Fred wrote:How do I convert liters of propane to kilos of propane and back? Thanks.
There's just been a rash of people trying to convert from liters to grams, or moles to nanograms, or any variety of conversions from volume to mass, or mass to volume.
The answer to your question, as well as all of the others, deals with specific gravity. or density. Specific gravity is the property of a substance that tells us how much a specific volume of it weighs.
The "Benchmark" for specific gravity is water. One cubic centimeter of water, at 4Â°C, weighs one gram. This is the basis of most of the derived SI units, and a valuable concept to remember.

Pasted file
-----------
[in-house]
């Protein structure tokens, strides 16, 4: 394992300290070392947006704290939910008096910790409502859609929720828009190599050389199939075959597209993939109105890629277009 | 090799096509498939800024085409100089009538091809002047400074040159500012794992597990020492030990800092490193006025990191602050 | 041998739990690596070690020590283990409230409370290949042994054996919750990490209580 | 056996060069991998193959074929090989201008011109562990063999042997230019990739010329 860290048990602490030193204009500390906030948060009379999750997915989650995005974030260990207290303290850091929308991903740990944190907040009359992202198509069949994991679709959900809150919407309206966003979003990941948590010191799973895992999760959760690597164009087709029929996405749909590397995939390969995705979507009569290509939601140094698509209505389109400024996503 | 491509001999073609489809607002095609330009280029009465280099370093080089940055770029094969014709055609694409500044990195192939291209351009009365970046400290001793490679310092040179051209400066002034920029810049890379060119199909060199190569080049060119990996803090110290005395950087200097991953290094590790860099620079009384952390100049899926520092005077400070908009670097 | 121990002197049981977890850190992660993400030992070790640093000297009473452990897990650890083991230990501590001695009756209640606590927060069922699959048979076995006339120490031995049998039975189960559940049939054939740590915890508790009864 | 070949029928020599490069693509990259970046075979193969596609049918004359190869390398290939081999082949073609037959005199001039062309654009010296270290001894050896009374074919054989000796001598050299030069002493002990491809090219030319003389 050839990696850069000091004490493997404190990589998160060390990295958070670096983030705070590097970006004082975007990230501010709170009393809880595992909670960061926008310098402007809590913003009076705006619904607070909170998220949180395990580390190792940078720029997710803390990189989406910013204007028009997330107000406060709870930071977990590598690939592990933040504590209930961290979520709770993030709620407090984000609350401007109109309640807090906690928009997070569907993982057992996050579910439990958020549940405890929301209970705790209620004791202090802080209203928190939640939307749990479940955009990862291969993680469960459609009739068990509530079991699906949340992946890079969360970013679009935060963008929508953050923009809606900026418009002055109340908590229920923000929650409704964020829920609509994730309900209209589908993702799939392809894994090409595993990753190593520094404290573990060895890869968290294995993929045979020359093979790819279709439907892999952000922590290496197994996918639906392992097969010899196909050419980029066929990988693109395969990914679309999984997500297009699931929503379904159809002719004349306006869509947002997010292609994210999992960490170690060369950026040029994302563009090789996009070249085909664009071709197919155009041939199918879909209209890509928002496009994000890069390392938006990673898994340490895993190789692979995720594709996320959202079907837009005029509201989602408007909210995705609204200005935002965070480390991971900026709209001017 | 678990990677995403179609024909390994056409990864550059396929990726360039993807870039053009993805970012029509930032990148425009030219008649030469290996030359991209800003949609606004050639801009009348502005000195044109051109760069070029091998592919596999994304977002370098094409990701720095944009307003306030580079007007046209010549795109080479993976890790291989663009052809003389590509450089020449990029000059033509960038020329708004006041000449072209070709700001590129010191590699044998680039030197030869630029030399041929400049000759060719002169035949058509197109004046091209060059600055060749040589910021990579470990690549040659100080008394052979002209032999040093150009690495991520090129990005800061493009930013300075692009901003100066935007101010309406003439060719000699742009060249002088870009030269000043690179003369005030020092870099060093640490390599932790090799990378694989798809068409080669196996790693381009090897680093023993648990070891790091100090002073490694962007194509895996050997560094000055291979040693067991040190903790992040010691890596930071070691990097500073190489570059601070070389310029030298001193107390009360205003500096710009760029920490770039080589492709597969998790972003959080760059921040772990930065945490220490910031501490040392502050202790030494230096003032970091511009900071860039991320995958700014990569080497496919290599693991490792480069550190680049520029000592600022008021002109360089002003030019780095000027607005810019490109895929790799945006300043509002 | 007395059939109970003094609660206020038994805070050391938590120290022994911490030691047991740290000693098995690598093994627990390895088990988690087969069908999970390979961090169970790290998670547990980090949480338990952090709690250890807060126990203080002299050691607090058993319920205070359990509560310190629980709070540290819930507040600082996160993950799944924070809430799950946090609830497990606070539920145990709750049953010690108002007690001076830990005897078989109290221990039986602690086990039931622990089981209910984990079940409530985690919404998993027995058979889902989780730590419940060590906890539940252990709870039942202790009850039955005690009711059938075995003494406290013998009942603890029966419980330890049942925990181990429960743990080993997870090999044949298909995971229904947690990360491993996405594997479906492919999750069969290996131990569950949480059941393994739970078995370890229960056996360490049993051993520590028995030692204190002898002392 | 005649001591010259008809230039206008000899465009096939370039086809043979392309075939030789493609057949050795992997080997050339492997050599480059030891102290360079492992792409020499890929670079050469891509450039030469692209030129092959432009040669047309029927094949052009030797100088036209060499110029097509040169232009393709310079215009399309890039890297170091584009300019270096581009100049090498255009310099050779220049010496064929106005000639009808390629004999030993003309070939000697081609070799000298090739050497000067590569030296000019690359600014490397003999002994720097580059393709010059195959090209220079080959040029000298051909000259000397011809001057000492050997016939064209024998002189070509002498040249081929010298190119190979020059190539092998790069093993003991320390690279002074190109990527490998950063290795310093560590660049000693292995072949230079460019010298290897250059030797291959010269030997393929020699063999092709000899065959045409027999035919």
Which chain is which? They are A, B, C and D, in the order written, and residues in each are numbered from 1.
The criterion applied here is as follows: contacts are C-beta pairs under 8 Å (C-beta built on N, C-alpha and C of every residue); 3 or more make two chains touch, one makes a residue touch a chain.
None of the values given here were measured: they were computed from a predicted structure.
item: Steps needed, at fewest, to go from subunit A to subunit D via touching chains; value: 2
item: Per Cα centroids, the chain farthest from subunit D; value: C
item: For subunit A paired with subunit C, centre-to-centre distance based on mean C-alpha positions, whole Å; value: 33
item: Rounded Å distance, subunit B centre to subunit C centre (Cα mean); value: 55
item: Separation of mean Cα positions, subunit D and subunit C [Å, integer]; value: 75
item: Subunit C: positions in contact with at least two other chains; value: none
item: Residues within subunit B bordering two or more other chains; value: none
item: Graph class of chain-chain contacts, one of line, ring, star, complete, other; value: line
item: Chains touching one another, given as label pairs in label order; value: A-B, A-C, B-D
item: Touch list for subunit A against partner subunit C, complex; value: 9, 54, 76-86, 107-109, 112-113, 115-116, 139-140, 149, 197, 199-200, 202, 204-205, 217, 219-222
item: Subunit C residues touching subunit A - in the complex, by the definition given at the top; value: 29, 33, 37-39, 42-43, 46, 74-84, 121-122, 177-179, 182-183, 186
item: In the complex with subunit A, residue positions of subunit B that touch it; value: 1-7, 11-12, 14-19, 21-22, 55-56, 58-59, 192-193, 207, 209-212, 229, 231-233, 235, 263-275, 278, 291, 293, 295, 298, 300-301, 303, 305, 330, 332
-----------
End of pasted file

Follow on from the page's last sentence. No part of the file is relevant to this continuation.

Now, you need to convert from Kilos to liters, not grams to cc. There are 1000 grams to a kilo, and remarkably, there are 1000 cc per liter. So there is one kilo per liter of water... Part of the marvel of the SI system!
Now all you need is the specific gravity of Propane. A quick web search lead me to
http://www.pmak.net/public/propane_facts.html where I find that liquid propane has a specific gravity of 0.504 g/cc - or, in the units you need, 0.504 kilos per liter.
To convert from liters to kilos, you would multiply by the specific gravity of 0.504.
To convert from kilos to liters, you would divide by the specific gravity of 0.504.
William J. Knight
Health Physicist
Los Alamos National Labs